Buffett Beyond Value (2010) by Prem C. Jain
The main argument in this book is that Warren Buffett is more than just a value investor -- he also looks for strong growth prospects and excellent management. In the first half of the book, the argument is adequately supported by insightful analyses of some of Buffett's most important investments. However, the second half of the book is a hodgepodge of short chapters dealing with risk, diversification, market efficiency, arbitrage, accounting, psychology, and corporate governance. Although the author makes some useful points, the connections to Buffett tend to be weaker, there seems to be more of the author's personal views than those of Buffett, and the book begins to lack coherence. In the section on corporate governance, there is a chapter about dividends that is just plain bad -- the author is clearly anti-dividend but his arguments against dividends are shallow. Overall, I agree with the author's view of Buffett as a "renaissance investor" rather than as a pure value investor, but the book is weakened by digressions from the main thesis.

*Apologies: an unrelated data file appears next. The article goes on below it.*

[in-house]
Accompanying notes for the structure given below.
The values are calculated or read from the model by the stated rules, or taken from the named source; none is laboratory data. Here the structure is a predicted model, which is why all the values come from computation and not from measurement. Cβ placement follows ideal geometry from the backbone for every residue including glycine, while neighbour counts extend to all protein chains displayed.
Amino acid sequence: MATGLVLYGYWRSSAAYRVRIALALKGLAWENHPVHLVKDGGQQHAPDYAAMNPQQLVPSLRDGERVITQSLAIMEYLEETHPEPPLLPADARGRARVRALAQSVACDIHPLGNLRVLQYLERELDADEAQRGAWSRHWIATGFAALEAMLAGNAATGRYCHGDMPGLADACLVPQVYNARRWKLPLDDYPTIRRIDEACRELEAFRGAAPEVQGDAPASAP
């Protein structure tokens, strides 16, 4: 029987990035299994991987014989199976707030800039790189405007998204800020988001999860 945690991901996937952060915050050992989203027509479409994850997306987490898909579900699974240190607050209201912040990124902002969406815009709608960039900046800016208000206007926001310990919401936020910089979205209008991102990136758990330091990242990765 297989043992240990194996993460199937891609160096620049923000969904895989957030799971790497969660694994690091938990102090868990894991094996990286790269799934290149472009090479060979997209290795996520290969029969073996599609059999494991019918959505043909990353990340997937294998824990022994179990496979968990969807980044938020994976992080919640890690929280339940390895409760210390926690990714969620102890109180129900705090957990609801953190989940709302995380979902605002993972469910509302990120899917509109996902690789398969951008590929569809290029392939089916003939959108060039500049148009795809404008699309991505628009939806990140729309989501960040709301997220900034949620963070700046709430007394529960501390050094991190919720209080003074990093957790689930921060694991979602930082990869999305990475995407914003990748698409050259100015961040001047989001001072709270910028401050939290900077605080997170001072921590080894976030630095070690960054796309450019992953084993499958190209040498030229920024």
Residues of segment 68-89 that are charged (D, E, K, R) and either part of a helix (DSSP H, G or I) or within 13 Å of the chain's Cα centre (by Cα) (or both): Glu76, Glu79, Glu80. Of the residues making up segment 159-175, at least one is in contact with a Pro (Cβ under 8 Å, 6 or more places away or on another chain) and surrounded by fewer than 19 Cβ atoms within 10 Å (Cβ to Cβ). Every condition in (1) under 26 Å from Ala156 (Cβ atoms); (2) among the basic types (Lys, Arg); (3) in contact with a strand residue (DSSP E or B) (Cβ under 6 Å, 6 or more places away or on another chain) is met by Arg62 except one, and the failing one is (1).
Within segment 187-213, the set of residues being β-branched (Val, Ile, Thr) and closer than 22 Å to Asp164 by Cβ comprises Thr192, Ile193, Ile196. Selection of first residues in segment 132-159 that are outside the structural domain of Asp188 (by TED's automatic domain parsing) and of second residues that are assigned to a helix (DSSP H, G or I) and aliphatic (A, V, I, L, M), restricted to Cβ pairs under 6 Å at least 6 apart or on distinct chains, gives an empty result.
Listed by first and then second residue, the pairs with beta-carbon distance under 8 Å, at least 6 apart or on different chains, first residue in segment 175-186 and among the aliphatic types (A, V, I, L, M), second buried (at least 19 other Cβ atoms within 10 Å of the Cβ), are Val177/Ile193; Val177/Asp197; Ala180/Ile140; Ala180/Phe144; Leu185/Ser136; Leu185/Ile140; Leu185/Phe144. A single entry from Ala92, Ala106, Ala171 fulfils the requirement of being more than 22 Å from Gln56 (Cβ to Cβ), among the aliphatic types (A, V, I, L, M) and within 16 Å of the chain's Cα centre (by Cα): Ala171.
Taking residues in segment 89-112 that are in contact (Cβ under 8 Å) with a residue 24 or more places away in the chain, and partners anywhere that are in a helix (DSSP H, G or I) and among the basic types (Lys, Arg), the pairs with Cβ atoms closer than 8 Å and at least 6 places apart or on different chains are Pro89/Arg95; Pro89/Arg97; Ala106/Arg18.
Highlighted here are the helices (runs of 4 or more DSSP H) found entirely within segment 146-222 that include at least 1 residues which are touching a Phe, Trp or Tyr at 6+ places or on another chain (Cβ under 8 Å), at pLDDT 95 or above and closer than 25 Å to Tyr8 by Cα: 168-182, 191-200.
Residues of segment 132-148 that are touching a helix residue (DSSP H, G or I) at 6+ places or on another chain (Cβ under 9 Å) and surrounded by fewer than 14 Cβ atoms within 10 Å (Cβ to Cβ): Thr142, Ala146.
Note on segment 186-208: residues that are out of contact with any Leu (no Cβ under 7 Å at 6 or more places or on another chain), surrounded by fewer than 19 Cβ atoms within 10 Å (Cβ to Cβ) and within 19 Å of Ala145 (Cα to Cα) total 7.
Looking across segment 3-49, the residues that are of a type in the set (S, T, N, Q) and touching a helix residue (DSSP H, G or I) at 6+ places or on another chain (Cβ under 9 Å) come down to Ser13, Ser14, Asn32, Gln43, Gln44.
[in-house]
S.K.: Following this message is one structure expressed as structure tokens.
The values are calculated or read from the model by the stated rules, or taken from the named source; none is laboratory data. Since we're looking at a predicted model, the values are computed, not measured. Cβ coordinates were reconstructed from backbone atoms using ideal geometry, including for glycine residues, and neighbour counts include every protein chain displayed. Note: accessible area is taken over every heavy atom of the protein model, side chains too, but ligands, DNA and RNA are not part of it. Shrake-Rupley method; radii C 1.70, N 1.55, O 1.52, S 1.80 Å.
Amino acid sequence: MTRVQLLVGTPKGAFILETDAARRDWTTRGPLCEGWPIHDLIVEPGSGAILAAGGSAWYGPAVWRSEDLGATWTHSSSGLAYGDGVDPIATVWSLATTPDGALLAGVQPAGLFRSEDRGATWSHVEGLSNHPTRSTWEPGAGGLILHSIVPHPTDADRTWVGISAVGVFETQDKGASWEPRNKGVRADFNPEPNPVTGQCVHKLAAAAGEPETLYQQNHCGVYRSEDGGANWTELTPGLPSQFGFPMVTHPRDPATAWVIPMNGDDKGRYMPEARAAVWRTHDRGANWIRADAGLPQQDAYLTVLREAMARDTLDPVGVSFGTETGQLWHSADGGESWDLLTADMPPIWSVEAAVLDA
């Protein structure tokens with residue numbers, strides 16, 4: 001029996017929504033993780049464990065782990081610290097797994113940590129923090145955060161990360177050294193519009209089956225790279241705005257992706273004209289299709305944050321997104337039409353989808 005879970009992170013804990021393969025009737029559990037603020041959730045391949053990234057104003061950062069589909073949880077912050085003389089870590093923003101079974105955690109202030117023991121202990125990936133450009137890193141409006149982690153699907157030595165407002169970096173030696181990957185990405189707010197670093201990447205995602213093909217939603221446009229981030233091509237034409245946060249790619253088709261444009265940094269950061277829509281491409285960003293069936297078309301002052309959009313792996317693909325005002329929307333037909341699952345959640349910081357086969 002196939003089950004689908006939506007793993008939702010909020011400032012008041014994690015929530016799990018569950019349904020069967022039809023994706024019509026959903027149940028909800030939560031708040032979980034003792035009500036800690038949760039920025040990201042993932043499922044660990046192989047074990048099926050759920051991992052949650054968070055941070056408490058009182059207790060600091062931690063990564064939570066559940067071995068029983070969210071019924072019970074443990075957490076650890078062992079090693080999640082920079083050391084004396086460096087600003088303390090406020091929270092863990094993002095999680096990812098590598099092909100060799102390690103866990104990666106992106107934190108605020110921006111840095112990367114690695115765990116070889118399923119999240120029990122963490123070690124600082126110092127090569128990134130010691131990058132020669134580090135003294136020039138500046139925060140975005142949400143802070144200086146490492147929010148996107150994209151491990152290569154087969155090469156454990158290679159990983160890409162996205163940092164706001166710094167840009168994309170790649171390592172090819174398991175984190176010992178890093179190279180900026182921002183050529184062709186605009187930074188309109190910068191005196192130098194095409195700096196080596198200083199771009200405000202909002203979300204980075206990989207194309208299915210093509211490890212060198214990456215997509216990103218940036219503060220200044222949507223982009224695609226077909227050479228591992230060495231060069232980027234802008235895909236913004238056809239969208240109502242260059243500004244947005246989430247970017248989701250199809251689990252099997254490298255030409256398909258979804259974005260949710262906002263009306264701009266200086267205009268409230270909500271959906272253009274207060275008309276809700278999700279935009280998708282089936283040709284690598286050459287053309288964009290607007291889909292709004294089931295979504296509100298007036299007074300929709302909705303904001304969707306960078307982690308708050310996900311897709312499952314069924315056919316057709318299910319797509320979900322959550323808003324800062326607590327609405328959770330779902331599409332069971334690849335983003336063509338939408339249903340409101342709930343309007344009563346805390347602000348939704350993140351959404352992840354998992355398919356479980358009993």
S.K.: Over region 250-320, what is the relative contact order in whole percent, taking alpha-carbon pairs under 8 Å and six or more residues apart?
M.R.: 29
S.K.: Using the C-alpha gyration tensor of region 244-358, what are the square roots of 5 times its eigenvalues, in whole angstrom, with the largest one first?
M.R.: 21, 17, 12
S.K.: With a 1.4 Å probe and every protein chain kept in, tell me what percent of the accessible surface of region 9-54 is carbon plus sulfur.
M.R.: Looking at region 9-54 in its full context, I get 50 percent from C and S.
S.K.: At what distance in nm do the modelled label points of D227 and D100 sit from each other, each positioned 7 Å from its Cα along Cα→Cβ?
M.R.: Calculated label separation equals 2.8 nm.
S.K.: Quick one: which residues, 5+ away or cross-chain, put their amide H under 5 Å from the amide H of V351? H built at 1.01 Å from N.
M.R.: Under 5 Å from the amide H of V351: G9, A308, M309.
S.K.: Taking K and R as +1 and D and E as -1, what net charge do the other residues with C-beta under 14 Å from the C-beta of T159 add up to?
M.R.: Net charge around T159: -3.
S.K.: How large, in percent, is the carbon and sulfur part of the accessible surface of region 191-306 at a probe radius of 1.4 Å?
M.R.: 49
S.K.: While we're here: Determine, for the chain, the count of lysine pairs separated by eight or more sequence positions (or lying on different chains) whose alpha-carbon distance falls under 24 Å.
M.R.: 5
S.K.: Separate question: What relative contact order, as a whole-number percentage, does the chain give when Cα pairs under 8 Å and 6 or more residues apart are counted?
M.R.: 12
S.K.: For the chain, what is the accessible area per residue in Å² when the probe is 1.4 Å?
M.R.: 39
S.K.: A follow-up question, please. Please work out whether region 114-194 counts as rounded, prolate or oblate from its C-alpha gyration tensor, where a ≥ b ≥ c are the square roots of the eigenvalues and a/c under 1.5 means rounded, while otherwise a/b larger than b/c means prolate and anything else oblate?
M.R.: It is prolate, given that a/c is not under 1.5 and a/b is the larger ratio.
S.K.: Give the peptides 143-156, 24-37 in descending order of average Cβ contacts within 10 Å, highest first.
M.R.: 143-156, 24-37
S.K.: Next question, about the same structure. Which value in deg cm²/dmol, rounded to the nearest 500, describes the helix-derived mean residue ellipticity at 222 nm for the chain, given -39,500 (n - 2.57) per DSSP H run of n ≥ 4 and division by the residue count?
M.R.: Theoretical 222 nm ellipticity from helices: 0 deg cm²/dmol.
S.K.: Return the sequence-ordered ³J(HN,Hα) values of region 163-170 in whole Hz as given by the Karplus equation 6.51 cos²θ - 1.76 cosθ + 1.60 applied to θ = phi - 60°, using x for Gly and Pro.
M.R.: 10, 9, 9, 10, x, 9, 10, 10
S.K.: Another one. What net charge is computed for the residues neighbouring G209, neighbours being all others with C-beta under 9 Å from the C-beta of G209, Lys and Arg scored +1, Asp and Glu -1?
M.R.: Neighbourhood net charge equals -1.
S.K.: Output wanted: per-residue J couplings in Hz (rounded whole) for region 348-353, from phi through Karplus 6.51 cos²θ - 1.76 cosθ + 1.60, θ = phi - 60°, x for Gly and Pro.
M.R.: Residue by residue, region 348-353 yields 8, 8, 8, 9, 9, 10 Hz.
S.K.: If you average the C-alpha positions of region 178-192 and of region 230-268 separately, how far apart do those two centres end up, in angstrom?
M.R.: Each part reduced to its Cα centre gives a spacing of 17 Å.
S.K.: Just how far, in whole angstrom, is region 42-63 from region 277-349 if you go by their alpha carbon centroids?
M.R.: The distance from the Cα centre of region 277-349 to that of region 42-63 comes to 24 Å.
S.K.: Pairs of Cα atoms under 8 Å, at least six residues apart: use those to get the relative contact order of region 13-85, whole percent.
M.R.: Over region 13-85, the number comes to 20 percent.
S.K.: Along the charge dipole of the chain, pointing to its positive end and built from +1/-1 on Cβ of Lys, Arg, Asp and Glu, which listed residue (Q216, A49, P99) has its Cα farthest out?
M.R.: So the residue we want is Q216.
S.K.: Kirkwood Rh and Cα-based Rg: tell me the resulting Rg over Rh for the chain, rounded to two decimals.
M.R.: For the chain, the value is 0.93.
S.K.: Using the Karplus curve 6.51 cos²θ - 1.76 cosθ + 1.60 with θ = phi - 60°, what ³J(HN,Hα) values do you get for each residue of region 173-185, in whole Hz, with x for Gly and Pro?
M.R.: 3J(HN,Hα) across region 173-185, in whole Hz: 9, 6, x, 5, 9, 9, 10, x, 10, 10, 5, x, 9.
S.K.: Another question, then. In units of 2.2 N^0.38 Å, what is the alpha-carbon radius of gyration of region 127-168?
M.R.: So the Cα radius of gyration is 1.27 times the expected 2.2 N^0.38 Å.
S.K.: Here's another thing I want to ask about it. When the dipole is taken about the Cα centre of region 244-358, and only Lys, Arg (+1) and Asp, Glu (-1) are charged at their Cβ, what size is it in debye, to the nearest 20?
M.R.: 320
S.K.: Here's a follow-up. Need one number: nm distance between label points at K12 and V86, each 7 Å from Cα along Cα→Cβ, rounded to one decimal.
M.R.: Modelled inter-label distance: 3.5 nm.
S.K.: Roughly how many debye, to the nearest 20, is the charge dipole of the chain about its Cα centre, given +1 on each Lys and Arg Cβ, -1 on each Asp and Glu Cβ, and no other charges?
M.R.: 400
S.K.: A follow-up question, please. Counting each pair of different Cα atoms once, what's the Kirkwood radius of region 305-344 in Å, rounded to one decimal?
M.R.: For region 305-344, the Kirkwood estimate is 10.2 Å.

Note: I read this book in January 2012.